Since these guidelines were last updated in 2011, there has been ongoing research and development in endoscope design, aimed at improved detection of colonic neoplasia, reducing miss rates, and enhancing lesion characterisation for diagnosis. These new features include technologies aimed at increased mucosal views through wider angle visualisation and ultra-magnification endoscopic systems allowing in vivo histological assessment. Many of these technologies are now commercially available. However, there is still a need for further studies, including cost-benefit analysis, before they can be adopted as mainstream practice. Established technologies include high-definition colonoscopy, wide-angle colonoscopy and electronic chromoendoscopy, such as narrow band imaging (NBI; Olympus), flexible spectral imaging colour enhancement such as Fujinon intelligent chromoendoscopy (FICE) and i-SCAN (Pentax). These technologies are now incorporated into all of the latest generation colonoscopes, with high-definition white-light endoscopy (WLE) now the standard of care in routine colonoscopy.
Overview of evidence (non-systematic literature review)[edit source]
No systematic reviews were undertaken for this topic. Practice points were based on selected evidence and guidelines (see Guideline development process).
Extra-Wide-Angle-View colonoscopy[edit source]
Wide angle colonoscopy with vision of 170° has become standard in the latest generation colonoscopes. Despite the aim of improving the detection of lesions hidden behind colonic folds, all studies in the available literature, with one exception, suggest that wide angle colonoscopes do not significantly reduce polyp miss rates, which have been estimated to be has high as 31% in systematic reviews.
Given these high rates of missed lesions, there has been an emergence of new technologies aimed at reducing miss rates through wider mucosal visualisation up to 330°. These include Third Eye Retroscope and Third Eye Panoramic (Avantis Medical Systems). Fuse Full Spectrum Endoscopy colonoscopy platform (Endo-Choice Inc); and the Extra-Wide-Angle-View colonoscope (Olympus). While many of these technologies have shown promise through increased detection rates over standard forward viewing colonoscopy, none have shown an absolute superiority to standard colonoscopy and therefore cannot be recommended as standard of care. Continued emphasis has been placed on excellent bowel preparation, completed procedures to caecum and methodical, attentive and slow withdrawal as the keys to polyp detection.
Ultra-magnifying technologies[edit source]
In recent years there has been increasing interest in a 'predict-resect-and-discard' policy for management of diminutive polyps. Ultra-magnifying technologies such as confocal light endomicroscopy and endocytoscopy have advanced considerably and are now commercially available. These emerging technologies may offer most in correct histological classification of polyps prior to resection and discard or in surveillance in patients with inflammatory bowel disease (IBD). However, due to cost, time and the expertise required, they are still not part of mainstream practice (see also Recommended techniques for surveillance in IBD patients).
Electronic chromoendoscopy[edit source]
In the era of push-button technologies, electronic chromoendoscopy refers to imaging technologies that result in detailed contrast enhancement of blood vessels, which aids in lesion detection and characterisation. There is now a wide range of available technologies including NBI, FICE and i-scan.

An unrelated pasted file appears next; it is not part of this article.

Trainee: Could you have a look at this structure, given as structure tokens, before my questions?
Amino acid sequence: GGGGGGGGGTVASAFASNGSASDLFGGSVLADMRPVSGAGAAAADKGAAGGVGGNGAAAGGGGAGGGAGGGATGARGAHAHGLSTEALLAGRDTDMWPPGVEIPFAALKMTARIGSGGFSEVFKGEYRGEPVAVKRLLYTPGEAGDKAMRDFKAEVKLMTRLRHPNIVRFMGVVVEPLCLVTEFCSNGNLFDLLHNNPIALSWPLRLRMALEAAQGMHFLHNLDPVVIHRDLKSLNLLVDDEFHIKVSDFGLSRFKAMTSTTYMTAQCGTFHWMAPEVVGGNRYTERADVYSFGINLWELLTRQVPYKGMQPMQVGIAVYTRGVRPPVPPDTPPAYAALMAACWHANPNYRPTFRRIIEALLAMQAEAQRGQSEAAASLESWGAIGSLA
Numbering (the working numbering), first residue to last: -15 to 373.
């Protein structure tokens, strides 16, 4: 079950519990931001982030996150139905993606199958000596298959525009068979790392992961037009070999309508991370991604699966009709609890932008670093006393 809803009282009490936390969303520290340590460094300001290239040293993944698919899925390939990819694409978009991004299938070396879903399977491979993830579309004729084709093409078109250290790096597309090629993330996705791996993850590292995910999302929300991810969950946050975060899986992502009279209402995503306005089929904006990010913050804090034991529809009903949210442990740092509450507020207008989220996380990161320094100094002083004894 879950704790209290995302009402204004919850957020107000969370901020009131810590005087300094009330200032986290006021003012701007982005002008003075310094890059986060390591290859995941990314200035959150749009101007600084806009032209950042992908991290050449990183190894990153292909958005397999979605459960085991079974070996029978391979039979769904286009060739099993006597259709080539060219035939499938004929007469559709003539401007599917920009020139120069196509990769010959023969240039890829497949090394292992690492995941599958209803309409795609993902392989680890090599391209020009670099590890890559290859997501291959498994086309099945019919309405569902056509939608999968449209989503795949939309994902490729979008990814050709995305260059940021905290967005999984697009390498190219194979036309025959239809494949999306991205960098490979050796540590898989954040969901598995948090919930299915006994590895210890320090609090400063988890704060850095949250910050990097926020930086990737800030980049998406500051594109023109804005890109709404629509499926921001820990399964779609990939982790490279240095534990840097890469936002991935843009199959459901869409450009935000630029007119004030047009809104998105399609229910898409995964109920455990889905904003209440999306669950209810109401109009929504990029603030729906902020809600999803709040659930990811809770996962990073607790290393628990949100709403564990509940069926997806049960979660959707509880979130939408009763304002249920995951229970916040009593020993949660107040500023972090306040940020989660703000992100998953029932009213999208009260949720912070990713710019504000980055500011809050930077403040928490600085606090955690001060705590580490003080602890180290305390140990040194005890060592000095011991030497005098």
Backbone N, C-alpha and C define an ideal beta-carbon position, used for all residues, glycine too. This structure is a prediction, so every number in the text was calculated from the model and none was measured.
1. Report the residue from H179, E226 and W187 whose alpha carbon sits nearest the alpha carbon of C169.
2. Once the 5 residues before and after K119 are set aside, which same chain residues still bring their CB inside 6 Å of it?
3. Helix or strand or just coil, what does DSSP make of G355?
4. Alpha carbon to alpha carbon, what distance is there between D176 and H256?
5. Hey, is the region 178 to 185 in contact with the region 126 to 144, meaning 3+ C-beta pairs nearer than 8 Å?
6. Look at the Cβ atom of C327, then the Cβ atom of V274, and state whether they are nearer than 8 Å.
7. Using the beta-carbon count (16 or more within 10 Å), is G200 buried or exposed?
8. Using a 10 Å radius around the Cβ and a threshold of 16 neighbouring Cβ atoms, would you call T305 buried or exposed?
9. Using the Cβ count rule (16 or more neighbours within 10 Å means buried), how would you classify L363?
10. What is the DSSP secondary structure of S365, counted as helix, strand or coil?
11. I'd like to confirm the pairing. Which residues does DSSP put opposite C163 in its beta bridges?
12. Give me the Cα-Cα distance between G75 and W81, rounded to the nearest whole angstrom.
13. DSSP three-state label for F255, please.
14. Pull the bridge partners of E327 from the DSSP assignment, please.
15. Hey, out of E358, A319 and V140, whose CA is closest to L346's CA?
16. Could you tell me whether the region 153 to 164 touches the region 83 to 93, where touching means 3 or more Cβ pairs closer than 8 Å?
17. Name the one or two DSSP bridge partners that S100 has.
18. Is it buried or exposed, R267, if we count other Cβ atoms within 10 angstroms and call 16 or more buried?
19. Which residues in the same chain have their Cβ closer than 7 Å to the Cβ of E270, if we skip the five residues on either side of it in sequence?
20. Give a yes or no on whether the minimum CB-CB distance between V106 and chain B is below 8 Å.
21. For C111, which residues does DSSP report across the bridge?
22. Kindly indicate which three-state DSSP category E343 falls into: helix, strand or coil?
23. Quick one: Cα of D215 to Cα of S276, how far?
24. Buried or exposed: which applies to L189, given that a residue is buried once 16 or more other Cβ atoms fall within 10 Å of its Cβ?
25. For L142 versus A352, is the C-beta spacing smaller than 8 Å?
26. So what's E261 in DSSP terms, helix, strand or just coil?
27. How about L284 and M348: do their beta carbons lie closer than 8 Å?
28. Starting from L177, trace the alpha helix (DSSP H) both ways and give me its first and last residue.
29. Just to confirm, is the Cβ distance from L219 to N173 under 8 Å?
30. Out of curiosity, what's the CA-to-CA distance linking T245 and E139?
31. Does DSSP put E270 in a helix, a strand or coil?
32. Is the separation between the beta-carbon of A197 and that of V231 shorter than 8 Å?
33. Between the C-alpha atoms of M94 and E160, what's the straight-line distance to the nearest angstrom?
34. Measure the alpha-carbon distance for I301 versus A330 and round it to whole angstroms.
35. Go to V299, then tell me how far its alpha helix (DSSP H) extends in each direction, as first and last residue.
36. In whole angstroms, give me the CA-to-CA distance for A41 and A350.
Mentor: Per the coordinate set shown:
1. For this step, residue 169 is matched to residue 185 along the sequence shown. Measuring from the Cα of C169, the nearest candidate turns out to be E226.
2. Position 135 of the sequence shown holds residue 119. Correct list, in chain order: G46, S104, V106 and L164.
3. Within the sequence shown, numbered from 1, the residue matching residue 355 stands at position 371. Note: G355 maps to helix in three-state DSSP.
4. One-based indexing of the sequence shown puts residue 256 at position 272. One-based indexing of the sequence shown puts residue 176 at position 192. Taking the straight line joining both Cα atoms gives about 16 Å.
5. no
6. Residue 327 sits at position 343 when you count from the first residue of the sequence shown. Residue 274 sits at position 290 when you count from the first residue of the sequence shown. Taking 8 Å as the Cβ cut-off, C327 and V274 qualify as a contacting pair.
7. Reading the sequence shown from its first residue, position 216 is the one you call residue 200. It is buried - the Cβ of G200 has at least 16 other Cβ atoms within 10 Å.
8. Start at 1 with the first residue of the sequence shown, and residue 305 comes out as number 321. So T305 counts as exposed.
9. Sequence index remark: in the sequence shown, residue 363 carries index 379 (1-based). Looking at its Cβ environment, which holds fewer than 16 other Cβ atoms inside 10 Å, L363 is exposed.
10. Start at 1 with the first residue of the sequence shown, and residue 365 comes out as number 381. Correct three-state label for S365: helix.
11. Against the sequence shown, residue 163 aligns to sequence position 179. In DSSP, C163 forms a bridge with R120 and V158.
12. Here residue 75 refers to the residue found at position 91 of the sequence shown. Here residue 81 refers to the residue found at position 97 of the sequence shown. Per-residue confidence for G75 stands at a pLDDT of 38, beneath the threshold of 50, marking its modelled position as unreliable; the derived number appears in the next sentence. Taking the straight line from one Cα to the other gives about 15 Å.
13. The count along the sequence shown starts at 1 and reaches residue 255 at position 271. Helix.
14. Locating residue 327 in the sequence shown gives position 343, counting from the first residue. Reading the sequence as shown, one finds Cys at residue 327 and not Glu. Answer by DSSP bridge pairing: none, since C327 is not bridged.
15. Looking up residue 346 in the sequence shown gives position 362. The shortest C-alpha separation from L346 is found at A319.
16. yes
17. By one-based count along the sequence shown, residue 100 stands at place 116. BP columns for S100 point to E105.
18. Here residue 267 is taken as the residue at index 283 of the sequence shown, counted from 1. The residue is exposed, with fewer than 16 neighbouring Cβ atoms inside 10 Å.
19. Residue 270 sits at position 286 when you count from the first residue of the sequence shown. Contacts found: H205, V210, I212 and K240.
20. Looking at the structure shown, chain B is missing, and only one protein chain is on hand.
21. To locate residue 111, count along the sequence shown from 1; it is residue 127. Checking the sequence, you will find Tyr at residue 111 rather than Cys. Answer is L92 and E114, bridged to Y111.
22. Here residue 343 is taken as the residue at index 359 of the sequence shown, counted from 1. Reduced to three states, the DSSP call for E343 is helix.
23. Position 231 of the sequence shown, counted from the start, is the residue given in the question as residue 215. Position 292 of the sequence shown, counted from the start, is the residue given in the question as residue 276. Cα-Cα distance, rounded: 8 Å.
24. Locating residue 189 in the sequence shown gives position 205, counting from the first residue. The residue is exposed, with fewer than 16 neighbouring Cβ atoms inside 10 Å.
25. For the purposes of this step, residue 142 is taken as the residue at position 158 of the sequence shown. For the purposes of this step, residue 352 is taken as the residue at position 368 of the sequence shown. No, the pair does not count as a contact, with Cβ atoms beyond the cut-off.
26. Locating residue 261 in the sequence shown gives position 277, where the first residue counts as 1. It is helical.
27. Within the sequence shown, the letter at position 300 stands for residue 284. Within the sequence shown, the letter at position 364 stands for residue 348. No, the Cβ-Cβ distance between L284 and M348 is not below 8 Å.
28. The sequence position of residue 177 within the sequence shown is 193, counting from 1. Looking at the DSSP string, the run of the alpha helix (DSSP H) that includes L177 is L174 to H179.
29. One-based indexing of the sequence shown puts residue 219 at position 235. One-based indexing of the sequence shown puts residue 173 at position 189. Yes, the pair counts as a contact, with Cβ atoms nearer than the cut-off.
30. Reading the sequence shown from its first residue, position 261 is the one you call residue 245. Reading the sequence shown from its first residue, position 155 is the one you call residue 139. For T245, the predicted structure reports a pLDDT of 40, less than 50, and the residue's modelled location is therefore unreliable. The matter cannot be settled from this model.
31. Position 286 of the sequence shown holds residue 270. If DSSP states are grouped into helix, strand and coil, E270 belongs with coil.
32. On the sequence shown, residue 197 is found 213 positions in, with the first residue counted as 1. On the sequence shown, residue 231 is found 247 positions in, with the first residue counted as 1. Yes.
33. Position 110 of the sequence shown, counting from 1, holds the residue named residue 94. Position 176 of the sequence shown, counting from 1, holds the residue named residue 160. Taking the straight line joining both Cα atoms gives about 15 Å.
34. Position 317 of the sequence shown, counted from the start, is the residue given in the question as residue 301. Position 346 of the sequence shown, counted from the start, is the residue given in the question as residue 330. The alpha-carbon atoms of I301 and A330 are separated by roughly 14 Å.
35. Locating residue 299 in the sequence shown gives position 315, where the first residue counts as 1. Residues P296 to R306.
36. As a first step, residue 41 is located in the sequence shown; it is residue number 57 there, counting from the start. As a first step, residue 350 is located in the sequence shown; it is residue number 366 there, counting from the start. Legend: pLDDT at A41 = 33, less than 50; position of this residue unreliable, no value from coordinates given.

Narrow-band imaging technology is the most commonly used and researched optical digital method of performing image-enhanced endoscopy. First-generation NBI had poor brightness and contrast enhancement, which limited its usefulness. The second-generation NBI, released in 2012, was able to deliver more than one-and-a-half times higher brightness, and twice the viewable distance in the lumen, than the first-generation NBI.
The utility of electronic chromoendoscopy over WLE has been evaluated in four broad areas:
- adenoma detection in individuals at average risk for colorectal cancer
- adenoma detection in hereditary syndromes
- dysplasia detection in IBD
- lesion characterisation.
With respect to adenoma detection in average risk individuals, most studies have compared NBI with WLE. Numerous studies, including multiple meta-analyses, have not demonstrated an advantage for NBI over WLE. Given these poor results, additional studies are required to determine the final application of these modalities in routine endoscopy practice.
In contrast to average-risk populations, in high-risk settings electronic chromoendoscopy has been demonstrated to result in improved detection rates over high-definition WLE.  The European Society for Gastroenterology currently endorses the routine use of high-definition panchromoendoscopy in patients with known or suspected Lynch syndrome or serrated polyposis syndrome – acknowledging, however, that overall evidence remains low.
Narrow-band imaging is the only modality studied in dysplasia detection in IBD and has not been demonstrated to improve detection rates over WLE (see also Recommended techniques for surveillance in IBD patients).
Lastly, lesion characterisation remains an area of promise for electronic chromoendoscopy technologies, with several studies showing high accuracy with negative predictive value >90%. However, these results have not been replicated outside of expert centres.
High-definition colonoscopes should be used routinely, as the mainstay of colonoscopy is a careful white-light examination of the well prepared colon.
Electronic chromoendoscopy should be used for lesion characterisation, but has limited value in lesion detection.
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